Wellbeing and Education 9 of 10

9. Concussion

What is Concussion?

Concussion is an injury to the brain, which results in a disturbance of its function. There are many symptoms of concussion, common ones being headache, dizziness, memory disturbance or balance problems.

What causes it?

Concussion can be caused by a direct blow to the head, but can also occur when a blow to another part of the body results in rapid movement of the brain, e.g. whiplash type injuries.

Onset of symptoms

The symptoms of concussion typically appear immediately, but their onset may be delayed and can appear at any time after the initial injury

It's important to remember that loss of consciousness doesn't always occur in concussion – in fact, it occurs in less than 10% of cases. Because of this, a concussed player may not have fallen to the ground after the injury, they could still be standing.

Who's at risk?

Concussions can happen to players at any age. However, children and adolescents (18 and under) are more susceptible to brain injury. They also:

  • take longer to recover
  • have more significant memory and mental processing issues
  • are more susceptible to rare and dangerous neurological complications, including death caused by a single or second impact.
  • Other risk factors include having had previous concussions (which also increases recovery time) and being female.

How to recognise concussion

If any of the following signs or symptoms are present after an injury, you should suspect that a player has a concussion and remove them from play or training immediately – with no return on the same day.

Signs of concussion – what you might see

Any one or more of the following visual clues can indicate a concussion:

  • Dazed, blank or vacant look
  • Lying motionless on ground / slow to get up
  • Unsteady on feet / balance problems or falling over / poor coordination
  • Loss of consciousness or responsiveness
  • Confused / not aware of play or events
  • Grabbing / clutching of head
  • Seizure (fits)
  • More emotional / irritable than normal for that person
  • Symptoms of concussion – what the injured player might talk about
  • Presence of any one or more of the following symptoms may suggest a concussion:
  • Headache
  • Dizziness
  • Mental clouding, confusion, or feeling slowed down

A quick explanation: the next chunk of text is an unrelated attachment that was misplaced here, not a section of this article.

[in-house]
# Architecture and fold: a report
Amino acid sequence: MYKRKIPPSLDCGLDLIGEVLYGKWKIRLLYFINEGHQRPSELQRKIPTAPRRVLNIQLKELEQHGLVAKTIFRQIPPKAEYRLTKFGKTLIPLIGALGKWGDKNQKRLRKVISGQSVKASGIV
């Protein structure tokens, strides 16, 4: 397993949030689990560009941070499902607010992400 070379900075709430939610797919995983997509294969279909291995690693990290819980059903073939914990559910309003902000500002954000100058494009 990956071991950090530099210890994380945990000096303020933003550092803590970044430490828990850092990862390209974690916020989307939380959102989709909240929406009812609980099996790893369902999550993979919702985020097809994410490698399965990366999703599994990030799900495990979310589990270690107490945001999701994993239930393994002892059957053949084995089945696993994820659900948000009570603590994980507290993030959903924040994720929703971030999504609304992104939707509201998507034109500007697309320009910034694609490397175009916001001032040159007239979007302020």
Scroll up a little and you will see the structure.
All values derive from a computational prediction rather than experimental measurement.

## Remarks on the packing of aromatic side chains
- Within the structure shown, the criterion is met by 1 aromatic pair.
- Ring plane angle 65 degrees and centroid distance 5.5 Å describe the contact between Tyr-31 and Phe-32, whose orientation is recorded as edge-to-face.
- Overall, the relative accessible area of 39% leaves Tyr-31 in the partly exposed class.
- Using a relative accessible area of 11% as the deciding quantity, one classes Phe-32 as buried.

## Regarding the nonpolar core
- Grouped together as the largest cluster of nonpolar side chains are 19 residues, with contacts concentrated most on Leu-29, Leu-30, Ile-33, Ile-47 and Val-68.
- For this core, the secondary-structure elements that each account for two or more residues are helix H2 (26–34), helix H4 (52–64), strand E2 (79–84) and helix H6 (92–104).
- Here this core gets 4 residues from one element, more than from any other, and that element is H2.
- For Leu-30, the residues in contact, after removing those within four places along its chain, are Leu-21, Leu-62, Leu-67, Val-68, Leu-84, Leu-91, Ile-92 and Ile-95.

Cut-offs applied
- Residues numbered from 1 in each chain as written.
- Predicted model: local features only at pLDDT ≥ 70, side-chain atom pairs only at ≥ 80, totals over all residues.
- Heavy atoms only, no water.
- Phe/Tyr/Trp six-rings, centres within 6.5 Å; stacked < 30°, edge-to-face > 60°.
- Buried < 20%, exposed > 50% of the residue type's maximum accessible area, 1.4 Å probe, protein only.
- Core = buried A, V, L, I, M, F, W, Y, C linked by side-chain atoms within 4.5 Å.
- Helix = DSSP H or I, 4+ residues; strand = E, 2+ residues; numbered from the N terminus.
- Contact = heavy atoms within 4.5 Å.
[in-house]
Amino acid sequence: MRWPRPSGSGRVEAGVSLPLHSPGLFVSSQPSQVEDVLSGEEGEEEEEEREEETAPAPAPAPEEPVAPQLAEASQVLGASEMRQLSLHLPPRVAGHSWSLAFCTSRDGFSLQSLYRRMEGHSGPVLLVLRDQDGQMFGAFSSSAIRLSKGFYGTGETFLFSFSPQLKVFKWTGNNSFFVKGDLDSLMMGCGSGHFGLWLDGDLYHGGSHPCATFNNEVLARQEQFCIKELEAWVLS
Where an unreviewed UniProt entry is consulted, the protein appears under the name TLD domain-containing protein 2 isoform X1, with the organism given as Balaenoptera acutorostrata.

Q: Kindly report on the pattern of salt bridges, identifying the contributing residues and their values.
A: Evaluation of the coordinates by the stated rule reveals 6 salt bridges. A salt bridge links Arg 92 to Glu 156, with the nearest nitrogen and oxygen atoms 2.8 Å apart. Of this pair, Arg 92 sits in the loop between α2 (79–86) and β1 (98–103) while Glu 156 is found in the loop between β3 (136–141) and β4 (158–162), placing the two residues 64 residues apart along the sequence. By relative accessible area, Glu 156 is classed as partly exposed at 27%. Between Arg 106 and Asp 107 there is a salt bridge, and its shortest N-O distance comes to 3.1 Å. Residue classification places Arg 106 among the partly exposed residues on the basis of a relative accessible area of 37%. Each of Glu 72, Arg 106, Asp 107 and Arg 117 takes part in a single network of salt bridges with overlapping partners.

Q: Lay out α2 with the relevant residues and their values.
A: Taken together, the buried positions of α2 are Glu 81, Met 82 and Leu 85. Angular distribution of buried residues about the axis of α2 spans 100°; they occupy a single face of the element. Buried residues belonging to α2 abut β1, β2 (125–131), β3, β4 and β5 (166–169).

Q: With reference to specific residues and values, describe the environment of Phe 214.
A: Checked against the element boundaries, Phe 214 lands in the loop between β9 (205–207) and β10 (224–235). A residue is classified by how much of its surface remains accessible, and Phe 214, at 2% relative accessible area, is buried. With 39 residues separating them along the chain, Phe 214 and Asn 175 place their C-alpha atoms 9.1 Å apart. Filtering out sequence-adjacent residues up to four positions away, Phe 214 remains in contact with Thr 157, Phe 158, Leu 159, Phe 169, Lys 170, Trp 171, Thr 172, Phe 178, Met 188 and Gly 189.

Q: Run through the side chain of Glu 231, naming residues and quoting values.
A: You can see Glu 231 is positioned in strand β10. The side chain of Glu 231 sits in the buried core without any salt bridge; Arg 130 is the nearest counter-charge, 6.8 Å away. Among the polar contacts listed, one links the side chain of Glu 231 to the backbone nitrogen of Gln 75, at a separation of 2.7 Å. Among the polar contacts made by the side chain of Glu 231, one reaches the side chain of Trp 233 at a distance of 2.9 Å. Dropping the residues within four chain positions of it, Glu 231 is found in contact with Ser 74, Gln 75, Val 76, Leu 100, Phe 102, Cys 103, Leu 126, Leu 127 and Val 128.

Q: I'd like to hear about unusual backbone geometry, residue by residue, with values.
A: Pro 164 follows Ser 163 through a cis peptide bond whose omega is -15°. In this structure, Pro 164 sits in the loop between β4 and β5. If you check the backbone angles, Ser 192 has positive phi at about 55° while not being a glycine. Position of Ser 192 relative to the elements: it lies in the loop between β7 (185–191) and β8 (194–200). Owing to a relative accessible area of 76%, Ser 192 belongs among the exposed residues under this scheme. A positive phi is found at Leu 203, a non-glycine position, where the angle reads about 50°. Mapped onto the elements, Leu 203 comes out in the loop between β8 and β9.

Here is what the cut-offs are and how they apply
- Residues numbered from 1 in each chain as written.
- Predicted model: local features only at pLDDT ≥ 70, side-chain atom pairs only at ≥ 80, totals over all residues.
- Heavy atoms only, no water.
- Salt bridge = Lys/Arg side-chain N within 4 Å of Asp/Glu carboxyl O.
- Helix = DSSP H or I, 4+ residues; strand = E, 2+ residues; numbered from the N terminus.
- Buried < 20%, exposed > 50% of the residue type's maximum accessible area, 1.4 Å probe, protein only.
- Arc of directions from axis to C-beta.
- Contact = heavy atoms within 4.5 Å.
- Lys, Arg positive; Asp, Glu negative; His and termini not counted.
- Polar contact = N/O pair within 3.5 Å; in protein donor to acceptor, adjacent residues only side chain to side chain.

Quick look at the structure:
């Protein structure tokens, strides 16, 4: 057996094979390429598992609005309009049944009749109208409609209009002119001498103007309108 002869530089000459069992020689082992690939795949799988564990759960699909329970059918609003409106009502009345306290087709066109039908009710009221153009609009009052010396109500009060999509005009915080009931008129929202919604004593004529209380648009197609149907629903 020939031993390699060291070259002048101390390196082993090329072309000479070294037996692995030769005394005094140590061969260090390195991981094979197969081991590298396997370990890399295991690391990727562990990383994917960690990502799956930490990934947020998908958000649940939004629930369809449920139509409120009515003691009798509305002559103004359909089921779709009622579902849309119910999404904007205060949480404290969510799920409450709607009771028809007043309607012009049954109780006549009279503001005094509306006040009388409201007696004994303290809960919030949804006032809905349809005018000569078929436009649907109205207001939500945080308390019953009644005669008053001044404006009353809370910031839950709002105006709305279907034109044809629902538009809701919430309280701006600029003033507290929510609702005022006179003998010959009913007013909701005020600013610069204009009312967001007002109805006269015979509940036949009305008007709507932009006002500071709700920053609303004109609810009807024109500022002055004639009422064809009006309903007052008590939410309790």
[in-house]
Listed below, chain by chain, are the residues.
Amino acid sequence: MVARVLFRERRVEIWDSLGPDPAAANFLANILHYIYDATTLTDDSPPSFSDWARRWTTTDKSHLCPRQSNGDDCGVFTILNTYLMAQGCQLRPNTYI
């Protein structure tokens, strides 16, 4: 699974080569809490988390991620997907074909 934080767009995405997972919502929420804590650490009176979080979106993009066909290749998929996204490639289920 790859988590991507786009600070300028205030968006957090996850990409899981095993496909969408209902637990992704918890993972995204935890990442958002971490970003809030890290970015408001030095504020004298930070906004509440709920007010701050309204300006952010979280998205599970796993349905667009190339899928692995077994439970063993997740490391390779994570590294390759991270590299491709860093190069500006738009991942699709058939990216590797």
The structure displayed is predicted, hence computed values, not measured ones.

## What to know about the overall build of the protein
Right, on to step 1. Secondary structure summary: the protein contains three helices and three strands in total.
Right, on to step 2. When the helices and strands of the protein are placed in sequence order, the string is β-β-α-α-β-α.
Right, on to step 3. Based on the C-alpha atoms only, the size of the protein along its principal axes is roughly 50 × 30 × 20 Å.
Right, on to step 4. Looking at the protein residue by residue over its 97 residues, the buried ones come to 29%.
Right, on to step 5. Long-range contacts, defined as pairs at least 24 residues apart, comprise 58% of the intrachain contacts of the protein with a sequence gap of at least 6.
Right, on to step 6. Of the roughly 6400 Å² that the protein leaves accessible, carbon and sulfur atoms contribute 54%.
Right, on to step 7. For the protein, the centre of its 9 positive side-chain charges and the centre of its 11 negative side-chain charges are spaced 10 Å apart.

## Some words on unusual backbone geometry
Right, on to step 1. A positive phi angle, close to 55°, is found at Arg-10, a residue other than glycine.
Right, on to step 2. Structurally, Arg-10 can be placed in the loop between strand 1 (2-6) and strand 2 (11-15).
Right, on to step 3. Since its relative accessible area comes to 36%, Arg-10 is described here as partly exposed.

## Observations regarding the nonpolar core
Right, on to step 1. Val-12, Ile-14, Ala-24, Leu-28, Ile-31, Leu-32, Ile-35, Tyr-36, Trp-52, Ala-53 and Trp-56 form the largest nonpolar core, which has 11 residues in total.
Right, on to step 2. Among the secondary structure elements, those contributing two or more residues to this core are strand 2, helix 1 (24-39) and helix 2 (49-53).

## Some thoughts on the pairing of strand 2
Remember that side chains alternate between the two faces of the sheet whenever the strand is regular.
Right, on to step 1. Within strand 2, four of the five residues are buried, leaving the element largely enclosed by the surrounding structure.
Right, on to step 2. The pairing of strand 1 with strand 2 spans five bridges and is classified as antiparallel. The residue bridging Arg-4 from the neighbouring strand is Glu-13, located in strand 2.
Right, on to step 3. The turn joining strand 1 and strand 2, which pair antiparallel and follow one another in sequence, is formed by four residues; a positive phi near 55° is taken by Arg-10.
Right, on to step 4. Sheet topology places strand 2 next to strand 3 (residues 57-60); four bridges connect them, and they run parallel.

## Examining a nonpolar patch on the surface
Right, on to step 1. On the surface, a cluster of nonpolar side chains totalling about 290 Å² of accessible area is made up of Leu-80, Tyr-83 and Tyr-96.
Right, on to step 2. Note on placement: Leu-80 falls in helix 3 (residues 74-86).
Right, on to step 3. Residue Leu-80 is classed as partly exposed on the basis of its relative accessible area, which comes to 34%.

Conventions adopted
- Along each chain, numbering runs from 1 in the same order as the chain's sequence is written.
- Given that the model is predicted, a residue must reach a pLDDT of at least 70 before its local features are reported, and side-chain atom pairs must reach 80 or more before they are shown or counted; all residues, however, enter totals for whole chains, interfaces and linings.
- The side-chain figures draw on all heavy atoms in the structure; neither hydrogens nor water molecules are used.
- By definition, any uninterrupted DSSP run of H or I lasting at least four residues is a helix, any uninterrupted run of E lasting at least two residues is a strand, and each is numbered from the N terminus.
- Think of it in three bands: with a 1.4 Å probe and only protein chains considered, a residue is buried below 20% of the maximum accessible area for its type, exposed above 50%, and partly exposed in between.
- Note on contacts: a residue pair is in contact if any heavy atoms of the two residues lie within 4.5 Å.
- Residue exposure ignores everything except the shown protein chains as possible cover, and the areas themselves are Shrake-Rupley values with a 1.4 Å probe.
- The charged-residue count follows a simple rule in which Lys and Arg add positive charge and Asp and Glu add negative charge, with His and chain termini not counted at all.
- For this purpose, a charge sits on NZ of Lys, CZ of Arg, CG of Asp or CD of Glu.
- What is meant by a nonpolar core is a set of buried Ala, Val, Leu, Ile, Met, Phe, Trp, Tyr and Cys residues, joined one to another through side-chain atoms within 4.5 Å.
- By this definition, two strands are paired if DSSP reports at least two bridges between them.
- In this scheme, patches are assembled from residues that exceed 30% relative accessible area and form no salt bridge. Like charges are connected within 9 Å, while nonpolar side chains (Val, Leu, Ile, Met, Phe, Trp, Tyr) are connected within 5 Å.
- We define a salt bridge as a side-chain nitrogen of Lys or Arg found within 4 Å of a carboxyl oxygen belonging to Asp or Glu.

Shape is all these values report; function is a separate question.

• Visual problems
  • Nausea or vomiting
  • Fatigue
  • Drowsiness / feeling like 'in a fog' / difficulty concentrating
  • 'Pressure in head'
  • Sensitivity to light or noise

Speaking to the player

To help establish whether a player is injured, you can ask them a number of questions: incorrect answer(s) may suggest that they have a concussion. Some examples questions can be seen below – tailor them to your particular activity and even:

  • What venue are we at today / where are we now?
  • Which half is it now / approximately what time of day is it?
  • Who scored last in this game /how did you get here today?
  • What team did you play last game / where were you on this day last week?
  • Did your team win the last game / what were you doing this time last week?

What to do next

Anyone with a suspected concussion must be immediately removed from play.
Once safely removed from play they must not be returned to activity that day.
Teammates, coaches, match officials, team managers, administrators or parents who suspect someone may have concussion must do their best to ensure that they are removed in a safe manner.

If a neck injury is suspected, suitable guidelines regarding the management of this type of injury at pitchside should also be followed.

If any of the following are reported then the player should be transported for urgent medical assessment at the nearest hospital emergency department:

  • Severe neck pain
  • Deteriorating consciousness (more drowsy)
  • Increasing confusion or irritability
  • Severe or increasing headache
  • Repeated vomiting
  • Unusual behaviour change
  • Seizure (fit)
  • Double vision
  • Weakness or tingling / burning in arms or legs

In all cases of suspected concussion it's recommended that the player is referred to a medical or healthcare professional for diagnosis and advice, even if the symptoms resolve.

The FA has launched 'Concussion for players: lessons from the pitch' – a film aimed at raising awareness among players about the importance of recognising and responding to symptoms of concussion.

Click here to watch film "Concussion for Players"


The FA Concussion Guidelines 2015


Pocket Concussion Recognition Tool